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The third word used for Torah in Psalm 119:129-136 is “commandments” (mitzvot; v. 131). Attached to v. 131 is v. 132: because the psalmist longs for God’s mitzvot and because that longing expresses the psalmist’s love (v. 132b), he implores God to turn to him.
If the statutes of v. 129 generate wonder and the words provide light (v. 130), then the commandments create longing. (I don’t believe it is contextually sound to think of 131’s longing leads to discovering that one is a sinner and then begging for mercy in v. 132. The whole section is a positive embrace of the Torah as instruction that is encountered as wonder and joy.)
He sees in the Torah the very stuff of life — he pants for it, he opens his mouth — as do baby birds in the nest when they sense a parent arriving with food — and asks God to fill him up with the ways of the mitzvot.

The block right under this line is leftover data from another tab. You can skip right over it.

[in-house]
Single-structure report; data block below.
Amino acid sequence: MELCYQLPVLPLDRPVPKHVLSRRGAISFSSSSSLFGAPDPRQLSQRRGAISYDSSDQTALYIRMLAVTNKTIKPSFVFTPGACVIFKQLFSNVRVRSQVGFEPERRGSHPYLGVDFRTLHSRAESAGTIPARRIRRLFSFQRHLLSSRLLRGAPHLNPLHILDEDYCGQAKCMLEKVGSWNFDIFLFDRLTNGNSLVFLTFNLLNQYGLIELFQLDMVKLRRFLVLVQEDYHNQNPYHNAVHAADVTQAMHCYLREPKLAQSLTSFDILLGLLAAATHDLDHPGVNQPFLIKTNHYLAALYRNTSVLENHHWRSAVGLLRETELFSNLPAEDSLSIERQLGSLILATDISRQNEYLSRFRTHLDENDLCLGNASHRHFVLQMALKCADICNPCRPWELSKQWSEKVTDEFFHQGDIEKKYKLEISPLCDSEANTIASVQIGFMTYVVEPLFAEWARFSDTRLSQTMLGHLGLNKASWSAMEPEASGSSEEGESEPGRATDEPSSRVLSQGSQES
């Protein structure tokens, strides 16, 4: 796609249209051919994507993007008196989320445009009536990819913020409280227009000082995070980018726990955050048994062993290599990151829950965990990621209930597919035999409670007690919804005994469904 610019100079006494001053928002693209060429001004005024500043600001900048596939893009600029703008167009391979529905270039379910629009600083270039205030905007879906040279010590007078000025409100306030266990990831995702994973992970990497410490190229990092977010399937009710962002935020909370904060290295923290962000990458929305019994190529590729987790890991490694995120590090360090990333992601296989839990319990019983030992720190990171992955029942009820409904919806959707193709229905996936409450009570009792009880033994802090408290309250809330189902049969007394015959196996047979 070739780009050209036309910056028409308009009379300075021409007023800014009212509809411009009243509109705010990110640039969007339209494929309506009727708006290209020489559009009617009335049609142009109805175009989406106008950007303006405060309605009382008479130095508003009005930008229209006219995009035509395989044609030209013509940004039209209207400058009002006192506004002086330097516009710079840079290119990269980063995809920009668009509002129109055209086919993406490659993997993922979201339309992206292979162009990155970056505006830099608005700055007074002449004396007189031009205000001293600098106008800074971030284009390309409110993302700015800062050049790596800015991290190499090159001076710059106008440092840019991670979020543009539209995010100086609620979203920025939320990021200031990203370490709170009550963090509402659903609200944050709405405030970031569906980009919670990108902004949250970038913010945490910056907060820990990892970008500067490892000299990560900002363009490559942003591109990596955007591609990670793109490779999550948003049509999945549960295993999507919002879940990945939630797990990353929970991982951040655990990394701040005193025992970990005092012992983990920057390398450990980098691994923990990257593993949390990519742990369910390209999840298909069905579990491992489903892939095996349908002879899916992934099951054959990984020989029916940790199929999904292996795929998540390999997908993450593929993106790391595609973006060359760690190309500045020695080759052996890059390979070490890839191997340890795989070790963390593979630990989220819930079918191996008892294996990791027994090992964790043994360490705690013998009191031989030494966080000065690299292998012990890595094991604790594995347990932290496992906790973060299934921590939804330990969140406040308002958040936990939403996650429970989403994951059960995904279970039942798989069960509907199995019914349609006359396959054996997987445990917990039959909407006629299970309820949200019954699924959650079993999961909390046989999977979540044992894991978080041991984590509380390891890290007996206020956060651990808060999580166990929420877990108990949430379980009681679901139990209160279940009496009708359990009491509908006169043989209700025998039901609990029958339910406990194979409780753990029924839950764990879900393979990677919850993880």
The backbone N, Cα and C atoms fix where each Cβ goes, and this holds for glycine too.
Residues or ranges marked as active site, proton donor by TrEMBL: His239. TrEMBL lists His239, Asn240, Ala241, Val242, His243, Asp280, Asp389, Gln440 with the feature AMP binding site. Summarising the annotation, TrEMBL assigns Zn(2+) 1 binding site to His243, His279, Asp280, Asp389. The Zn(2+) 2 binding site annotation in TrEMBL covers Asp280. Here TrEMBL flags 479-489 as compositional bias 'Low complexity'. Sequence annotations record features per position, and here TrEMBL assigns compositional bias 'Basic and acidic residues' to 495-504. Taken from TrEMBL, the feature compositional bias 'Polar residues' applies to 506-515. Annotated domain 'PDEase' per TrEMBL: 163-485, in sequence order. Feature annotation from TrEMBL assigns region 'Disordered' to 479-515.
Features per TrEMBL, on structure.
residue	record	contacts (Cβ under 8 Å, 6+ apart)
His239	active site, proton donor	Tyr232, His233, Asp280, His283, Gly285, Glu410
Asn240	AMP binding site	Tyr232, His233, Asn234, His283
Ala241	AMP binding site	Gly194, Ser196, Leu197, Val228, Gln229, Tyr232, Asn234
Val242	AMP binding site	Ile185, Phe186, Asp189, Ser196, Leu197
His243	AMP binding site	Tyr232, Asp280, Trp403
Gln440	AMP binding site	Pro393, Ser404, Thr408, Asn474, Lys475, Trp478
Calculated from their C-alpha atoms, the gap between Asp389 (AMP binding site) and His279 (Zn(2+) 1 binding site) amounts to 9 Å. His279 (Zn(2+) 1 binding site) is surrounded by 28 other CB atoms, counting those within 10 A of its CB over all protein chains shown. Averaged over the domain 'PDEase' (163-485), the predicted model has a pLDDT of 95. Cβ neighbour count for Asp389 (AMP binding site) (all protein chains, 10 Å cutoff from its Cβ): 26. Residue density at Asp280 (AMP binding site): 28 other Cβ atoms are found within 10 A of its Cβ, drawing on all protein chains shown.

The psalmist knows God’s ways: the TNIV obscures this slightly. V. 132b says (TNIV): “as you always do.” This expresssion, from kemishpat, expresses God’s ruling, judging ways. “Always do” is fine; I like the JPS a bit better here: “As is Your rule.” God’s order of operating is that those who love his name — YHWH — and who honor that name by obedience, find that God turns to them and has mercy on them because they long to know him and to be in his presence.

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